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An airplane passes over an airport at noon traveling $540$ mi/hr due north. At 1:00pm, another airplane passes over the same airport at the same elevation traveling due east at $580$ mi/hr. Assuming both airplanes maintained their (equal) elevations, how fast is the distance between them changing at 2:15pm?

I know $dx/dt= 540$ mi/hr and $dy/dt=580$ mi/hr. And that I need to use the Pythagorean theorem but I don't know what to use for $x,y,z$.

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closed as off-topic by colormegone, Antonios-Alexandros Robotis, Daniel W. Farlow, choco_addicted, Shahab Mar 16 '16 at 2:53

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Start thinking about the scenario at 1pm with the airport at the origin.

The airplane traveling north (along the y-axis) has been traveling for an hour already so it is 540 miles north of the airport. For every additional hour it will have traveled another 540 miles. So at 1pm its distance from the airport is given by $$y=540+540t$$ where $t$ is measured in hours.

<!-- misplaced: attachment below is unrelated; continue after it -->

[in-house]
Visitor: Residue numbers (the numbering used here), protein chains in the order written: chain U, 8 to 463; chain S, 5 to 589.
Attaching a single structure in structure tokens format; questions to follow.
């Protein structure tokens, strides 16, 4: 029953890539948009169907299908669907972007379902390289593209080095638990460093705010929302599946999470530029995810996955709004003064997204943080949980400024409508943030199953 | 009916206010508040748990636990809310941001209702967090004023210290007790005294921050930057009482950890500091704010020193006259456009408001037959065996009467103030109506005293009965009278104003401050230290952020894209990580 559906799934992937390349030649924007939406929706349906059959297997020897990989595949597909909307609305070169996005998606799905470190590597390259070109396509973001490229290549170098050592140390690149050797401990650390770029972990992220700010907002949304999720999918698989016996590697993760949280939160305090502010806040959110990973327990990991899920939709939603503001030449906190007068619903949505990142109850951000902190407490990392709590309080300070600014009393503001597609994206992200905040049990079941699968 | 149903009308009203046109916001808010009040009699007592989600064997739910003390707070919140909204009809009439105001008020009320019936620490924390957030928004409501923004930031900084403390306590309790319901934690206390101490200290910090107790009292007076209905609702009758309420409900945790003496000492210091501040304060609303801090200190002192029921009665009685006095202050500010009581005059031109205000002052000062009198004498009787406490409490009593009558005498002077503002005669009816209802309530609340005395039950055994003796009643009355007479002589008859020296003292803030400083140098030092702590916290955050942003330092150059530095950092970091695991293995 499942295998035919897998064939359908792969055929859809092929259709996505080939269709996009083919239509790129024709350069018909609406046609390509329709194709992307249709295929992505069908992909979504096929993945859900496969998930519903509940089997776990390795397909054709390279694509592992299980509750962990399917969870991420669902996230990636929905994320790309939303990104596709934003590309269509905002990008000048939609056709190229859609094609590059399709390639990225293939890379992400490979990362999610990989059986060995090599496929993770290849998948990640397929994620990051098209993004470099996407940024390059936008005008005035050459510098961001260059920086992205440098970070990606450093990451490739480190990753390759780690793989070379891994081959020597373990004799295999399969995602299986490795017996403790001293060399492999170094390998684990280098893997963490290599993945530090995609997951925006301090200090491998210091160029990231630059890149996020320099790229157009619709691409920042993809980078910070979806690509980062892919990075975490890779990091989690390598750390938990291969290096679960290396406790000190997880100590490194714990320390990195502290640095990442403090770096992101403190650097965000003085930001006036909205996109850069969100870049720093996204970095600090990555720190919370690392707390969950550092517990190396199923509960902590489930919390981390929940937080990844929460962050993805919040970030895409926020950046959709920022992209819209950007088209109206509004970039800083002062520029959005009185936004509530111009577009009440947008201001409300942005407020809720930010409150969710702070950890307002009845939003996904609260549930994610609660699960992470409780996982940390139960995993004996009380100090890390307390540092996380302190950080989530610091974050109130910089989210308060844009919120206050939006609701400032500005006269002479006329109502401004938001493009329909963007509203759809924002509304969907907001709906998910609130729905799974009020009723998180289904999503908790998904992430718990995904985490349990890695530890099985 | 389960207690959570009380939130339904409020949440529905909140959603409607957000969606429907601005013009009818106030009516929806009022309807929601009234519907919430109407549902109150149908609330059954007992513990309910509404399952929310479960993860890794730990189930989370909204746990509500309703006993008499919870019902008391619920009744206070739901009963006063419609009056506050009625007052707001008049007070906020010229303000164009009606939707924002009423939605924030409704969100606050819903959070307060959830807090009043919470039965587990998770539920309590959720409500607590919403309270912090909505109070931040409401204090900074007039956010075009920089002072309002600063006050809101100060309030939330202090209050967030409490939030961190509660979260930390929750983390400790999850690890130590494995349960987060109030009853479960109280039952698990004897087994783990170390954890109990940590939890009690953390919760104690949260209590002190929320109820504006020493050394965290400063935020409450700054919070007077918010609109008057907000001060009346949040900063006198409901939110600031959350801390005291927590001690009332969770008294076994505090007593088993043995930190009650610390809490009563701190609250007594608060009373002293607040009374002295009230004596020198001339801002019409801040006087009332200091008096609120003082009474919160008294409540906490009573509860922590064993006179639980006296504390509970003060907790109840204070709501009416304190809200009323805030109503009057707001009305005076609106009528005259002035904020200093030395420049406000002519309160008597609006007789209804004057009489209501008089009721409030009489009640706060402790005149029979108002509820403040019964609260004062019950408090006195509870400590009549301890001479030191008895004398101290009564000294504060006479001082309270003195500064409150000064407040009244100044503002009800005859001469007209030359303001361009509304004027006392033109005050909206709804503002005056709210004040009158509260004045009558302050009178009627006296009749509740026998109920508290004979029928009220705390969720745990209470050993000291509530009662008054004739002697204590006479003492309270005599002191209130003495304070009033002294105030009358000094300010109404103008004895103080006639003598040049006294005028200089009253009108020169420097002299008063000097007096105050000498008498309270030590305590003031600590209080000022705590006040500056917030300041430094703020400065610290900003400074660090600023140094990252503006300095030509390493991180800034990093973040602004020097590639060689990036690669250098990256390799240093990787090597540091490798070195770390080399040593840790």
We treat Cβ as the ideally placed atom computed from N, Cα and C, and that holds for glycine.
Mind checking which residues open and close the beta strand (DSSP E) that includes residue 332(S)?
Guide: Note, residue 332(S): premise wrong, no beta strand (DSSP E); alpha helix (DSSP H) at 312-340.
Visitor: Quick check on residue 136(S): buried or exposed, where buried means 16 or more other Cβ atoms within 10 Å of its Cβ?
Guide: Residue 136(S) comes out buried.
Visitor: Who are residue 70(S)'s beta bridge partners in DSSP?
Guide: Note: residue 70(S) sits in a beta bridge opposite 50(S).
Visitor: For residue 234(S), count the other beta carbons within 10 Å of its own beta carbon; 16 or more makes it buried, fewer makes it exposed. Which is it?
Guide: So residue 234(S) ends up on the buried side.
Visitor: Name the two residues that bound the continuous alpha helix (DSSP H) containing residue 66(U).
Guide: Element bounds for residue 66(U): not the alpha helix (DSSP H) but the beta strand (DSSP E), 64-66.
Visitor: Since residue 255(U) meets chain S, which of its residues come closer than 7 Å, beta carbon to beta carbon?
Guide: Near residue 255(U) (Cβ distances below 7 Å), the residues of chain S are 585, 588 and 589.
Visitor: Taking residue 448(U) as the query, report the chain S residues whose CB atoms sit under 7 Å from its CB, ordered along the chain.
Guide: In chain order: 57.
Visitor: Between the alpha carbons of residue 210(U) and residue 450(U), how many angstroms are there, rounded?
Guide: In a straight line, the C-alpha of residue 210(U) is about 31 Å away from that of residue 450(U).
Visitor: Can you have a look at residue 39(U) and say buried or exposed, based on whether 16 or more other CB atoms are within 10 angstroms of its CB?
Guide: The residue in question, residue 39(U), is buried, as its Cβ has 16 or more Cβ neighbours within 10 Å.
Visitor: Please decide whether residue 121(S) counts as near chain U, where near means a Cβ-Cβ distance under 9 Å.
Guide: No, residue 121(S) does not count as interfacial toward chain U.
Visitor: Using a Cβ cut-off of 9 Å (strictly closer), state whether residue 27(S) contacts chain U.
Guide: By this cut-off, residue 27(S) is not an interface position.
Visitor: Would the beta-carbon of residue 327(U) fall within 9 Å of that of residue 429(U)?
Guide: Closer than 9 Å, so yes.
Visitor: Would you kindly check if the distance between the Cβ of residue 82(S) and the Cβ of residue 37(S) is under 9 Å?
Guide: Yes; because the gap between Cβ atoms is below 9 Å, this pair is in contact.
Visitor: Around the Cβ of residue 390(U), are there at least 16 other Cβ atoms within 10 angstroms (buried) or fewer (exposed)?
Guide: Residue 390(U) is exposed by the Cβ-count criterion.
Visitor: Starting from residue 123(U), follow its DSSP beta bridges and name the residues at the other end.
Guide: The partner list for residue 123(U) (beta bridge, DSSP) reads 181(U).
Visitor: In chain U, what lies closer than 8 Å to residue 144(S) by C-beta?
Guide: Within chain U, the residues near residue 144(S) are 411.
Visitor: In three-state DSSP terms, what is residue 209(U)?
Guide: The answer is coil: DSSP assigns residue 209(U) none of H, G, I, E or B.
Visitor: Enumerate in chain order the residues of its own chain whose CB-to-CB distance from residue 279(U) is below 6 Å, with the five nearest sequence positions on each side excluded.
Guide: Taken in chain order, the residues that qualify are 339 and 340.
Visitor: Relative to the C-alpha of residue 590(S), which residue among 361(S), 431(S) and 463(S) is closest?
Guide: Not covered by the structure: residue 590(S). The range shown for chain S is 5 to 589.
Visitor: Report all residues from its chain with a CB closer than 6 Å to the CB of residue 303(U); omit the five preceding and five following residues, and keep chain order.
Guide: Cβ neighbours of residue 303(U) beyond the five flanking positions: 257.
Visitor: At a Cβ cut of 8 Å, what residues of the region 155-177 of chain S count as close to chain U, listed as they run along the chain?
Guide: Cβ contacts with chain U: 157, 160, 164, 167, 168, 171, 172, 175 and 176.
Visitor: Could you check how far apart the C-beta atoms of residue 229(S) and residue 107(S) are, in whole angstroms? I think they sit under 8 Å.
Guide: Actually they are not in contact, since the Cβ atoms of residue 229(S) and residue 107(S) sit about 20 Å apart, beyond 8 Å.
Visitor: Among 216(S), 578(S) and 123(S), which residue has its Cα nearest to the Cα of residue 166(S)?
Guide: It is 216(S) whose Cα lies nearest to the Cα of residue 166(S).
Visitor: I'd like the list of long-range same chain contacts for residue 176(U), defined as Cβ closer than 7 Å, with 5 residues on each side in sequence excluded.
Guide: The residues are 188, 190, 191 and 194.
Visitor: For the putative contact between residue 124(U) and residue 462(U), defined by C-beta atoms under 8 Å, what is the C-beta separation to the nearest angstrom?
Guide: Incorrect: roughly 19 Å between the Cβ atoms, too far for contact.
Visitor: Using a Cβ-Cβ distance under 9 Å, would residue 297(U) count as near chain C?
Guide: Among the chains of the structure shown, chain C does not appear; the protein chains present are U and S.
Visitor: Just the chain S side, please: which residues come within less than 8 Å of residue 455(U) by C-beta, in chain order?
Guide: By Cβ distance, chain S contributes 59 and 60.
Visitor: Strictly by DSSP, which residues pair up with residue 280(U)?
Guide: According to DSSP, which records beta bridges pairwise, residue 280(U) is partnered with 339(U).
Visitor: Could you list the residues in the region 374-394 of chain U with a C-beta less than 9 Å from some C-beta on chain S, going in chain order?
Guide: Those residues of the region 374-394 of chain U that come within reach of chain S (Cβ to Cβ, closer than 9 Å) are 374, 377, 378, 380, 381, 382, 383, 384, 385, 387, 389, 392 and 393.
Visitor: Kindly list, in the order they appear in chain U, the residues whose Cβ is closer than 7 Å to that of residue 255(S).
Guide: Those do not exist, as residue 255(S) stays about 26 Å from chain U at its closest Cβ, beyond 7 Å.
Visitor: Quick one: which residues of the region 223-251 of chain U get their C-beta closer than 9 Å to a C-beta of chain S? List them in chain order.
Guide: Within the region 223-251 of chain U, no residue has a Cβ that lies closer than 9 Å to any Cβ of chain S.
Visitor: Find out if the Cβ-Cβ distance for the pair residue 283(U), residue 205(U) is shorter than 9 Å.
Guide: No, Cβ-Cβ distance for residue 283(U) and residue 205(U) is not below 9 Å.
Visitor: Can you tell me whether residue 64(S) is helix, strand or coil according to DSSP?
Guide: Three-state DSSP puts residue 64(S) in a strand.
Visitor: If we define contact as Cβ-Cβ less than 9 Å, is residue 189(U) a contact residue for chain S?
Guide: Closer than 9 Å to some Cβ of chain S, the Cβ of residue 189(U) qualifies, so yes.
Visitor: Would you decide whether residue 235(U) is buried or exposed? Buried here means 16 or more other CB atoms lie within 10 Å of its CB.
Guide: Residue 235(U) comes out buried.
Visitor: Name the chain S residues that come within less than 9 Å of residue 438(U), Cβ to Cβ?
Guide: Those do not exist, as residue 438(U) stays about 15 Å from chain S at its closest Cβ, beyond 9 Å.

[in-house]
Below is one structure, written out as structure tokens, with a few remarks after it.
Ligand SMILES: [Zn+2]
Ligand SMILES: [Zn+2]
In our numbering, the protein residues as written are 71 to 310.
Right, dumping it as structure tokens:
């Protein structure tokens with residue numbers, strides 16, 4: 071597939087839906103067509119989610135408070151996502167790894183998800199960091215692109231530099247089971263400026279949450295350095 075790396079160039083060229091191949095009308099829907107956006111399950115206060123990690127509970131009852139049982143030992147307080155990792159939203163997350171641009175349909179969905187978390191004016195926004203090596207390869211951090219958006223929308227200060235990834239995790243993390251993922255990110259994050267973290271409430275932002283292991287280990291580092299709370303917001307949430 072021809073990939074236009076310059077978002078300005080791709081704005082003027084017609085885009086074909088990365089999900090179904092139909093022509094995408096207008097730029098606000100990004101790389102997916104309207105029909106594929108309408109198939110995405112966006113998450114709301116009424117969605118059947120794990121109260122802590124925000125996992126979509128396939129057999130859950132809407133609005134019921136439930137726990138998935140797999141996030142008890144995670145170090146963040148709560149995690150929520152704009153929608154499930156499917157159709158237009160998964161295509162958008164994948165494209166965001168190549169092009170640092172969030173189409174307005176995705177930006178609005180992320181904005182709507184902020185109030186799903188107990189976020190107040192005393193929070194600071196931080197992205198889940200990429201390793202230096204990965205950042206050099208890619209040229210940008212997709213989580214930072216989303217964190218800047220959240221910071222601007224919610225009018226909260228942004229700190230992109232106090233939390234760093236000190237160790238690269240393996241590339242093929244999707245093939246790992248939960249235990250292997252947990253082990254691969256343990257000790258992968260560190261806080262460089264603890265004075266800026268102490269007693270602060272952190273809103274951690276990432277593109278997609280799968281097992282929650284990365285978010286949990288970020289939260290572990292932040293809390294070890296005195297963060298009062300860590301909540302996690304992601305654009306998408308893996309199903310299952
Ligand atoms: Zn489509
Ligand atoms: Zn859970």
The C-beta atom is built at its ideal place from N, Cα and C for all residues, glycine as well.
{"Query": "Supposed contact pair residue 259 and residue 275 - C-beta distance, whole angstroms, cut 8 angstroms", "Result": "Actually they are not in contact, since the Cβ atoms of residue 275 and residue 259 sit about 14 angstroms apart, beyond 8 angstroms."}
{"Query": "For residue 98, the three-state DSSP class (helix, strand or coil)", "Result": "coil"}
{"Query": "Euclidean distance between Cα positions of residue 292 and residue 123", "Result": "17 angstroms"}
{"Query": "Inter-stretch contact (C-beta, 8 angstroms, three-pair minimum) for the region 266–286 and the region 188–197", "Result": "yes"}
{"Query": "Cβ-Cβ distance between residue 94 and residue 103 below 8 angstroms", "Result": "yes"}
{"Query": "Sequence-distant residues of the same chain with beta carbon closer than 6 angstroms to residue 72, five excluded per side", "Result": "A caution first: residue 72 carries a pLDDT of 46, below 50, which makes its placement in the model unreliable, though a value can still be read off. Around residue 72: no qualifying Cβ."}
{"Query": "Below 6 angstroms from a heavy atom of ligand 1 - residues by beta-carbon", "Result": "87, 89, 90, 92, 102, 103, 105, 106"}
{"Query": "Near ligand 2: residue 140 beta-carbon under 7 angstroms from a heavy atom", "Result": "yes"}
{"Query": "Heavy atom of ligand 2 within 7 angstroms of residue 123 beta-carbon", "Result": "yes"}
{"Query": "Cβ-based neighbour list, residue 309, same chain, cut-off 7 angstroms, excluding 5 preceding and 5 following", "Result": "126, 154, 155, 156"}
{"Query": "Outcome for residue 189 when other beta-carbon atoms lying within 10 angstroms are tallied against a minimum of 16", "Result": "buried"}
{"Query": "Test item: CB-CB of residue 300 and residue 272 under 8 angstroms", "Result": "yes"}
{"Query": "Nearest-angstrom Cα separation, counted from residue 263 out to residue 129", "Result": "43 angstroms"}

Now the second plane is traveling east (along the x-axis). It's distance from the airport is given by $$x=580t.$$

Now for any positive time $t$ we have a right triangle so we can use the pythagorean theorem to find the length of the hypotenuse as a function of $t$, which is the distance D between the planes. So since the hypotenuse, i.e. D, is given by the Pythagorean Theorem as $D=\sqrt{x^2+y^2}$, we see that the distance between the planes is $$D=\sqrt{(580t)^2+(540+540t)^2}.$$

Now to find the rate of change you simply need to take the derivative of $D$ with respect to $t$: $$ \frac{dD}{dt}=\frac{d}{dt}\sqrt{(580t)^2+(540+540t)^2} .$$

That is the set up and I think you can take it from there.

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